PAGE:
The lesson plans for sections 2 through 7 are under construction. A brief summary of each of these sections is provided below.

Section 2. Starting Up and Setting Goals.

This module introduces the process of plot-level and watershed assessment to identify critical areas of natural resource degradation as well as opportunities that can be optimized for improved production. It covers how to access resources needed to do this analysis. It also discusses how to help farmer groups determine production and income goals for their farms.
This is Module 5 of the course suite on

"Preparing Farmer Groups
to Engage Successfully with Markets"


This module is intended for face-to-face delivery
  • The course material, additional resources, and assessment tool will be attached below.
  • The video lecture will be made available at https://all.extension.illinois.edu/MEAS.
    Simply set up a free account, place the course in your cart and get started! The courses are offered free of charge.


Expected Completion Date

End of September 2011

Audience

These courses are developed for field agents that facilitate community agricultural development processes and impart knowledge and skills to smallholder farmers and other rural actors on how to produce profitably and sustainably.

Learning Objectives of the Course Suite

After receiving this set of courses, the field agent will be able to plan and implement a series of inter-related trainings to build farmer and other rural actors’ skills in 5 critical areas for successful engagement with markets.

Key References for This Module

  • Gonsalves, J., T. Becker, A. Braun, D. Campilan, H. De Chavez, E. Fajber, M. Kapiriri, J. Rivaca-Caminade and R. Vernooy (eds). 2005. Participatory Research and Development for Sustainable Agriculture and Natural Resource Management: A Sourcebook. Volumes 1, 2 and 3: International Potato Center-Users' Perspectives with Agricultural Research and Development, Laguna, Philippines and International Development Research Centre, Ottawa, Canada.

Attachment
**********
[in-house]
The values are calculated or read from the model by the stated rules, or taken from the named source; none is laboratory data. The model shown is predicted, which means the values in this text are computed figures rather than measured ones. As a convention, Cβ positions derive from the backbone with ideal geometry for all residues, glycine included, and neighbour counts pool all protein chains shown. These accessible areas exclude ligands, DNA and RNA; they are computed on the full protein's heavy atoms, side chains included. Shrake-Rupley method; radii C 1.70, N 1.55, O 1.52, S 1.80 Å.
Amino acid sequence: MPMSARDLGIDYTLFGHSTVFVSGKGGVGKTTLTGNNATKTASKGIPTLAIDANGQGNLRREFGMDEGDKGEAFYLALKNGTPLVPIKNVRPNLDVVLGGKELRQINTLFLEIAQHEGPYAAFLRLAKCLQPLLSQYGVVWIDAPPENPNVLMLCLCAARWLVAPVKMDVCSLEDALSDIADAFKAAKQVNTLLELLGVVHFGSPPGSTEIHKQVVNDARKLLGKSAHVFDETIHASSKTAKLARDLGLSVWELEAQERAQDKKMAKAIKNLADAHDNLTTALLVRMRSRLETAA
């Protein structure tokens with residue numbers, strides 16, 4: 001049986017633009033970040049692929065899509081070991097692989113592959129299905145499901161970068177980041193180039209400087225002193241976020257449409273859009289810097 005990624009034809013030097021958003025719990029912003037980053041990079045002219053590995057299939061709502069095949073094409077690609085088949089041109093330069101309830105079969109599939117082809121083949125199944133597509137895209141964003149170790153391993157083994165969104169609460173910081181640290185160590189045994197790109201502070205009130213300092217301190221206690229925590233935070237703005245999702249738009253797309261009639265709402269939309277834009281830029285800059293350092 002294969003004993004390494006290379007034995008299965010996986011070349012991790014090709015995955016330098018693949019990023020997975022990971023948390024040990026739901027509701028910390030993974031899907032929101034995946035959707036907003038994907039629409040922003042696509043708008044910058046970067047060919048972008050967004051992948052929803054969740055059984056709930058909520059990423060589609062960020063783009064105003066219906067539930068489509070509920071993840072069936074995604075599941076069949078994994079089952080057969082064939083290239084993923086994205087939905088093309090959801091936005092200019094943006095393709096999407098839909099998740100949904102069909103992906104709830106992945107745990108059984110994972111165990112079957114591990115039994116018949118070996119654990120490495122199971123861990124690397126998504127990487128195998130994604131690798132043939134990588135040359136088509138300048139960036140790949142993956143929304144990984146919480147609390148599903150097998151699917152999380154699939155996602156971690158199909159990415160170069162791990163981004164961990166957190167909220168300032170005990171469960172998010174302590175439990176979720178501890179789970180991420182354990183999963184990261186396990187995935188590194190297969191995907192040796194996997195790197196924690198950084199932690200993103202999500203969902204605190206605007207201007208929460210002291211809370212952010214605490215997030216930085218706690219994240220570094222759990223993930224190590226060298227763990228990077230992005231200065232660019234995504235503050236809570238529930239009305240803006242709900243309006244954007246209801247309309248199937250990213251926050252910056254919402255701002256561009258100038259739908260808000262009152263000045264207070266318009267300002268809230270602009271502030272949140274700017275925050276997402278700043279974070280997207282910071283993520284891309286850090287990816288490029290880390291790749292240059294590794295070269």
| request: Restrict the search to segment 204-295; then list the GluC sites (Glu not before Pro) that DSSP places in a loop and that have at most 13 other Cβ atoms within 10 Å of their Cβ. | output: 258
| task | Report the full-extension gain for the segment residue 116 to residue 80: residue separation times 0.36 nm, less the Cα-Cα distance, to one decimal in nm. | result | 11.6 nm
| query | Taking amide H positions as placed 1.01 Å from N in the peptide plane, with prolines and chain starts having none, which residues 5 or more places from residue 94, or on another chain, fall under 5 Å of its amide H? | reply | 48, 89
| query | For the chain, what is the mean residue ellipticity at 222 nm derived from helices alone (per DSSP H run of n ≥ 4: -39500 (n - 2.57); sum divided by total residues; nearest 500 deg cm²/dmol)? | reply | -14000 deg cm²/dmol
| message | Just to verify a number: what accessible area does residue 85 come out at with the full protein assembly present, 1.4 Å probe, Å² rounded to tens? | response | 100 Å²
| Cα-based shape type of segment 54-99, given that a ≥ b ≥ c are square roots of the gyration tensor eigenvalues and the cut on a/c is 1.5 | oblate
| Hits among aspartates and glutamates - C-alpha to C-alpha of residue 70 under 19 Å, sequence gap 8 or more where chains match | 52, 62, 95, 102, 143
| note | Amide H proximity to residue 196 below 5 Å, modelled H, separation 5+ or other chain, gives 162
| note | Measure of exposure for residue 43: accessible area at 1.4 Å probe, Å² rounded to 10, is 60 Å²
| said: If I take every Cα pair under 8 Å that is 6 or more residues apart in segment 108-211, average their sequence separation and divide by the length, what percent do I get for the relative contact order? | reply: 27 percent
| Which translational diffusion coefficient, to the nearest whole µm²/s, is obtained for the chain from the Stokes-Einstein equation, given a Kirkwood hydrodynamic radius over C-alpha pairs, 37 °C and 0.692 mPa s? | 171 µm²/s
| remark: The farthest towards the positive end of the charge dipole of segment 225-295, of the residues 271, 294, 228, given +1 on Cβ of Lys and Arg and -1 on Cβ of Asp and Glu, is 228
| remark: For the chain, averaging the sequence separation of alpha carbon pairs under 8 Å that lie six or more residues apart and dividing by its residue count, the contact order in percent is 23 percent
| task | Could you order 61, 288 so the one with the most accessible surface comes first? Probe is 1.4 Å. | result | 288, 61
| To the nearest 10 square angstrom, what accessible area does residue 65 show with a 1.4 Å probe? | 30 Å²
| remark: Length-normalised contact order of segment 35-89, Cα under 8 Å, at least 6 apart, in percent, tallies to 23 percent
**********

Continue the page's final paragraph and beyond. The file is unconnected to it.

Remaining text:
Section 3. Situating yourself in your watershed: Creating a rapid watershed map

This module enables field agents to lead a rapid analysis of the farmer group’s sub-watershed. The analysis goes through several steps that include the following: identifying the watershed; characterizing the watershed; indentifying critical areas; identifying and engaging watershed stakeholders; creating an action plan to address critical areas and maximize resources and productivity; and evaluating progress. Participants will conduct a transect walk and create a map of their sub-watershed.

Section 4. Characterizing your plot or farm

In this module, participants will begin to conduct a plot or farm-level analysis of threats and opportunities for optimizing the potential of their natural resources. This exercise draws on concepts introduced in Module 1.

Section 5. Identifying critical areas

In this module, participants will identify threats to their natural resource base. This module identifies a number of common constraints to productivity and describes common best management practices and interventions that address these barriers, which can be used in developing a management plan.

Section 6. Developing a management plan

This module leads field agents to help farmers develop a natural resource management plan, based on the goals they hope to achieve and the constraints or critical areas. Farmer groups will be encouraged to create visual maps of their farms with anticipated NRM interventions, and written plans if they are literate. Field agents will describe basic profitability analyses of interventions.

Section 7. Evaluating and monitoring your progress

Critical to sustainable success is continually evaluating progress towards achieving production and income goals. This module leads field agents to support farmers in conducting robust monitoring and continual evaluation.

Time Required to Teach This Module

The lessons will be designed to take a maximum of 2 hours to teach. The total time required to teach the entire course if estimated at between 70 and 100 hours over a period of 4 to 8 months.